See the actual Ferris Bueller “Ferrari” at D.C.’s National Mall
Ferris Bueller is 50! No, you haven’t been asleep for the last two decades. The hit 1986 film, Ferris Bueller’s Day Off, is only 32 this year. But since Matthew Broderick’s character was supposedly 18 in the movie, then the fun-loving high schooler turns 50 years old in 2018.
If you’re thinking about buying ol’ Ferris a gift to celebrate, the Historic Vehicle Association beat you to it. The HVA has announced that the movie’s famous “Ferrari” will be the first vehicle on display during the fourth annual “Cars at the Capital” exhibit at the National Mall in Washington. D.C. An even more famous movie car, the 1968 Ford Mustang Fastback from Bullitt, will be the fourth of five historically significant automobiles to appear.
“Cars at the Capital” begins March 30. Each vehicle will be displayed for approximately one week in a glass “jewel box” on the pathway between the National Air & Space Museum and National Gallery of Art.
March 30–April 2: 1985 Modena Spyder California — Ferris Bueller’s Day Off
Appearing in Ferris Bueller’s Day Off as a stand-in for a 1961 Ferrari 250 GT California, the car was built by Modena Design and Development’s Neil Glassmoyer and Mark Goyette. (They actually created three for the movie.) In film, the “Ferrari” belongs to the father of Bueller’s best friend, Cameron, who has been given strict “look, don’t touch” instructions. Of course, Ferris, Cameron, and Ferris’ girlfriend, Sloane, do more than touch the car. Even after a pair of valets take it for a joyride, the kids manage to wreck it when trying to roll back the odometer by driving in reverse. Real or not, the “Ferrari” is among the most famous of all movie cars—and that includes its NRVOUS license plate. We assume plenty of staff will be on hand to rub it down with a diaper. (This vehicle is on display for only four days.)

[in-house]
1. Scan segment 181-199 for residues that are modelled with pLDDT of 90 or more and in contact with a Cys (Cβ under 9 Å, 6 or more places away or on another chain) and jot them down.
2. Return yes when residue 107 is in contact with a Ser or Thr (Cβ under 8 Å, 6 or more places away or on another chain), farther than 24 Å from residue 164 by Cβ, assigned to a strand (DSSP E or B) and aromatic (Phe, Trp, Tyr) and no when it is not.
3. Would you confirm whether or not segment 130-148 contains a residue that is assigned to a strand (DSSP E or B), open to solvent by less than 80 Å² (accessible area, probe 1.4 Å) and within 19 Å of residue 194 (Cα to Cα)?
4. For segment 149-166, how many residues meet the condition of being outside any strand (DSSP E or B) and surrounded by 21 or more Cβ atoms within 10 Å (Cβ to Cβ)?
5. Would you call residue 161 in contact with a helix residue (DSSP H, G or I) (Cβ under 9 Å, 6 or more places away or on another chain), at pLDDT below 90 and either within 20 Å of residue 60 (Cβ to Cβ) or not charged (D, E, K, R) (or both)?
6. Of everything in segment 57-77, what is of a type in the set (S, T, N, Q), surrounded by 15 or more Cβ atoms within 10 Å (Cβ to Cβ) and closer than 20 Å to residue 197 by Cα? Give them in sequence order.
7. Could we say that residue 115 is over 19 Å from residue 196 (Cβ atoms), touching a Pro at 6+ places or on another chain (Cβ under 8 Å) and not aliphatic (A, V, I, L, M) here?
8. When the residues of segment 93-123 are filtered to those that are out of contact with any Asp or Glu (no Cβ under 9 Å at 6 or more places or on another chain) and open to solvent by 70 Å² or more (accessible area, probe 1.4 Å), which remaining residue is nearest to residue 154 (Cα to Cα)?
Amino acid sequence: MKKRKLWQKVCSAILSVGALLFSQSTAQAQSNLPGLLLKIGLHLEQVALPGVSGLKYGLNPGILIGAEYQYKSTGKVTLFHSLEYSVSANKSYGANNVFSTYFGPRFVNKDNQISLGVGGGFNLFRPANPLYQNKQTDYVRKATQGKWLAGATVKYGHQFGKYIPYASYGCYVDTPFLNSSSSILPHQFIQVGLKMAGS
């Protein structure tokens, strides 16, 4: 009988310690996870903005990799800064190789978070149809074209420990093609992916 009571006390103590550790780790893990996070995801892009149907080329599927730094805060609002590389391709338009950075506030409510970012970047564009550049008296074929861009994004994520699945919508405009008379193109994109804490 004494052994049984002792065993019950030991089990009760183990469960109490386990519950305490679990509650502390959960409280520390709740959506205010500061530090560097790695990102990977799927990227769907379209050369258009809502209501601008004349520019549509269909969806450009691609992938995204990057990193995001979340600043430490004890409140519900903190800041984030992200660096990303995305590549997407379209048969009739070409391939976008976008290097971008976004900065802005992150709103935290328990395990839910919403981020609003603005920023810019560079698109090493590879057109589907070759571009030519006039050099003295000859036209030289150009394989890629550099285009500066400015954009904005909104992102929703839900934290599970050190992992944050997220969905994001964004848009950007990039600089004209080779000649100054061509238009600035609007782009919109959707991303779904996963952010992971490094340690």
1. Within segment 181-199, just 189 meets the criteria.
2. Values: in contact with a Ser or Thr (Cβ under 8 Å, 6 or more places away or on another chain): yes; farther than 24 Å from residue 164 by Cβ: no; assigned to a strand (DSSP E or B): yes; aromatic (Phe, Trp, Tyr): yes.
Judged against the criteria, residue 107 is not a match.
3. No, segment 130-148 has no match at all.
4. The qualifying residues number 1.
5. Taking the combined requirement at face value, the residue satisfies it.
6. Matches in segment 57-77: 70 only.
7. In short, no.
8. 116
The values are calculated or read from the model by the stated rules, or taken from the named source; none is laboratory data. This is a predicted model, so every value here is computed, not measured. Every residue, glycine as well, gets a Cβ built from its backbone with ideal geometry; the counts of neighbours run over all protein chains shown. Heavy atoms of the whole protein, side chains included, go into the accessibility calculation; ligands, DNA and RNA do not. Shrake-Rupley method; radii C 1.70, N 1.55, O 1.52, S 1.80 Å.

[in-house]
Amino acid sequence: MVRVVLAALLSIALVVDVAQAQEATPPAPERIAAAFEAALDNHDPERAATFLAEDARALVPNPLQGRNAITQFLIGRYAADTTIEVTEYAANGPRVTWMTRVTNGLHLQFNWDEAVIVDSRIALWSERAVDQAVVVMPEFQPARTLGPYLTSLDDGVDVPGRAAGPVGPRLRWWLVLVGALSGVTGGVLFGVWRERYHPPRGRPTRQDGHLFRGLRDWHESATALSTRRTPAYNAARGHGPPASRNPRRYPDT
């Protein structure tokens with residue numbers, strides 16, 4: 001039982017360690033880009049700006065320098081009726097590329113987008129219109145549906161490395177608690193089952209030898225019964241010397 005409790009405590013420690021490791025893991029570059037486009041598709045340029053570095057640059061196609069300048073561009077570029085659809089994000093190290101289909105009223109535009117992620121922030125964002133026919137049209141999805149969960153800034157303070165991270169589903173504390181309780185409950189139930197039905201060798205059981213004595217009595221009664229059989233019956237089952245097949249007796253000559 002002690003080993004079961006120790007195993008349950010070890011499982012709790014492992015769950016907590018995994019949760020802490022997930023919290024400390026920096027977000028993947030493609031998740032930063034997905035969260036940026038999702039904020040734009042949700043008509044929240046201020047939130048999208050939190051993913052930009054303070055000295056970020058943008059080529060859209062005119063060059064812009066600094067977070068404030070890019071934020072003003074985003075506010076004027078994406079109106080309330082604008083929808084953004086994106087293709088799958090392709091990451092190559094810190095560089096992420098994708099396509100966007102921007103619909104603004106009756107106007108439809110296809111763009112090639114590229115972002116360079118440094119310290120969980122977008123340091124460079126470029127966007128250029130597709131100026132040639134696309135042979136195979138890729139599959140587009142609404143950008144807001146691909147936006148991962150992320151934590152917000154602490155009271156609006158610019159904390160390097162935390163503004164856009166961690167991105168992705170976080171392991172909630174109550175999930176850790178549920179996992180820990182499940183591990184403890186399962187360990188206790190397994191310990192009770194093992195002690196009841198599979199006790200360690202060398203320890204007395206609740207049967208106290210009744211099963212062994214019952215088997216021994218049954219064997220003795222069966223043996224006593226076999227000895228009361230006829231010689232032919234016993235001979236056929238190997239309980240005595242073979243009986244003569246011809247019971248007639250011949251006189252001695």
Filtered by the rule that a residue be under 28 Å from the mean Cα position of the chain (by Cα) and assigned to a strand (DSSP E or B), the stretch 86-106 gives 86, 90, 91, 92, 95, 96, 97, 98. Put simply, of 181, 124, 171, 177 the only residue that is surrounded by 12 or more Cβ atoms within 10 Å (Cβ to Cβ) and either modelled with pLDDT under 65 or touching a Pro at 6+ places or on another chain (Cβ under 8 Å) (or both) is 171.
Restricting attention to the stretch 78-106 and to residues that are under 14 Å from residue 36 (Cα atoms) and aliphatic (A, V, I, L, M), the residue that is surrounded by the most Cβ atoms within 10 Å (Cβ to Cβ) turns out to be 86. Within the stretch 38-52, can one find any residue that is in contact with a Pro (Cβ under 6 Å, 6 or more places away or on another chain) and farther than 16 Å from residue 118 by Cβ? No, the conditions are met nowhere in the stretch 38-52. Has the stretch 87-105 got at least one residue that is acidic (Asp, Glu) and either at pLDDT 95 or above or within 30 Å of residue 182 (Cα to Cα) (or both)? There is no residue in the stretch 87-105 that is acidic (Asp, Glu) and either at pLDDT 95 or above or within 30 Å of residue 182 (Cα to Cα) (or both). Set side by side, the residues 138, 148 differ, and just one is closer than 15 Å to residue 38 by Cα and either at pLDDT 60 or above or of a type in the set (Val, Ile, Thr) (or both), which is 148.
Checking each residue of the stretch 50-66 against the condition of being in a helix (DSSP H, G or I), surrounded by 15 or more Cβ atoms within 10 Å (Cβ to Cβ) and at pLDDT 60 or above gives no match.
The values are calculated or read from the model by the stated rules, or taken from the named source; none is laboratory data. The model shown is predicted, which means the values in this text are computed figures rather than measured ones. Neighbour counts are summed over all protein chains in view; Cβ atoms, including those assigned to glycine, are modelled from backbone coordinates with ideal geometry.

April 3–9: 1927 Ford Model T — The 15-Millionth Ford
The impact of the Ford Model T on American and automotive history is undisputed. This touring car, with hand-stamped VIN 15000000, marked the end of Tin Lizzy’s almost 19-year production run, which totaled more than 15 million Fords. On May 26, 1927, Henry Ford and his son, Edsel, drove the car out of the automaker’s Highland Park (Michigan) Plant to commemorate the end of Model T production. It wasn’t until 1972 that the Model T’s production figure was passed by the Volkswagen Beetle.
April 10–16: 1984 Plymouth Voyager — The First Minivan
Love ’em or hate ’em, minivans changed the way American families travel. Hailed as revolutionary by virtually every news outlet upon their introduction in late 1983, the Plymouth Voyager and Dodge Caravan disrupted the automotive industry in a huge way. This 12,000-mile unrestored Voyager came off the assembly line in Windsor, Canada, on November 2, 1983.
April 17–23: 1968 Ford Mustang Fastback – Bullitt
The iconic movie car has received a flurry of media attention since it was reintroduced to the world at the recent North American International Auto Show in Detroit. The “Highland Green” Mustang, driven hard in 1968’s Bullitt by legendary car enthusiast and actor Steve McQueen, has become an indelible part of international car culture, but by the 1980s it seemed to have vanished. Never fear, the Kiernan family (its owners since 1974) has been keeping it safe and as original as possible.
April 24–30: 1918 Cadillac Type 57 — U.S. 1257X
Before the Jeep became the U.S. military vehicle that we know so well, World War I saw an interesting mishmash of cars on the battlefield. Favored among officers was the Cadillac Type 57. This one is the only known survivor and remains in remarkable unrestored condition. In France, U.S. 1257X was placed in the service of the American Expeditionary Forces by Y.M.C.A volunteer Rev. Dr. J. H. Denison. Among its passengers was President Theodore Roosevelt’s daughter-in-law Eleanor Roosevelt, who led women serving the war effort through the Y.M.C.A.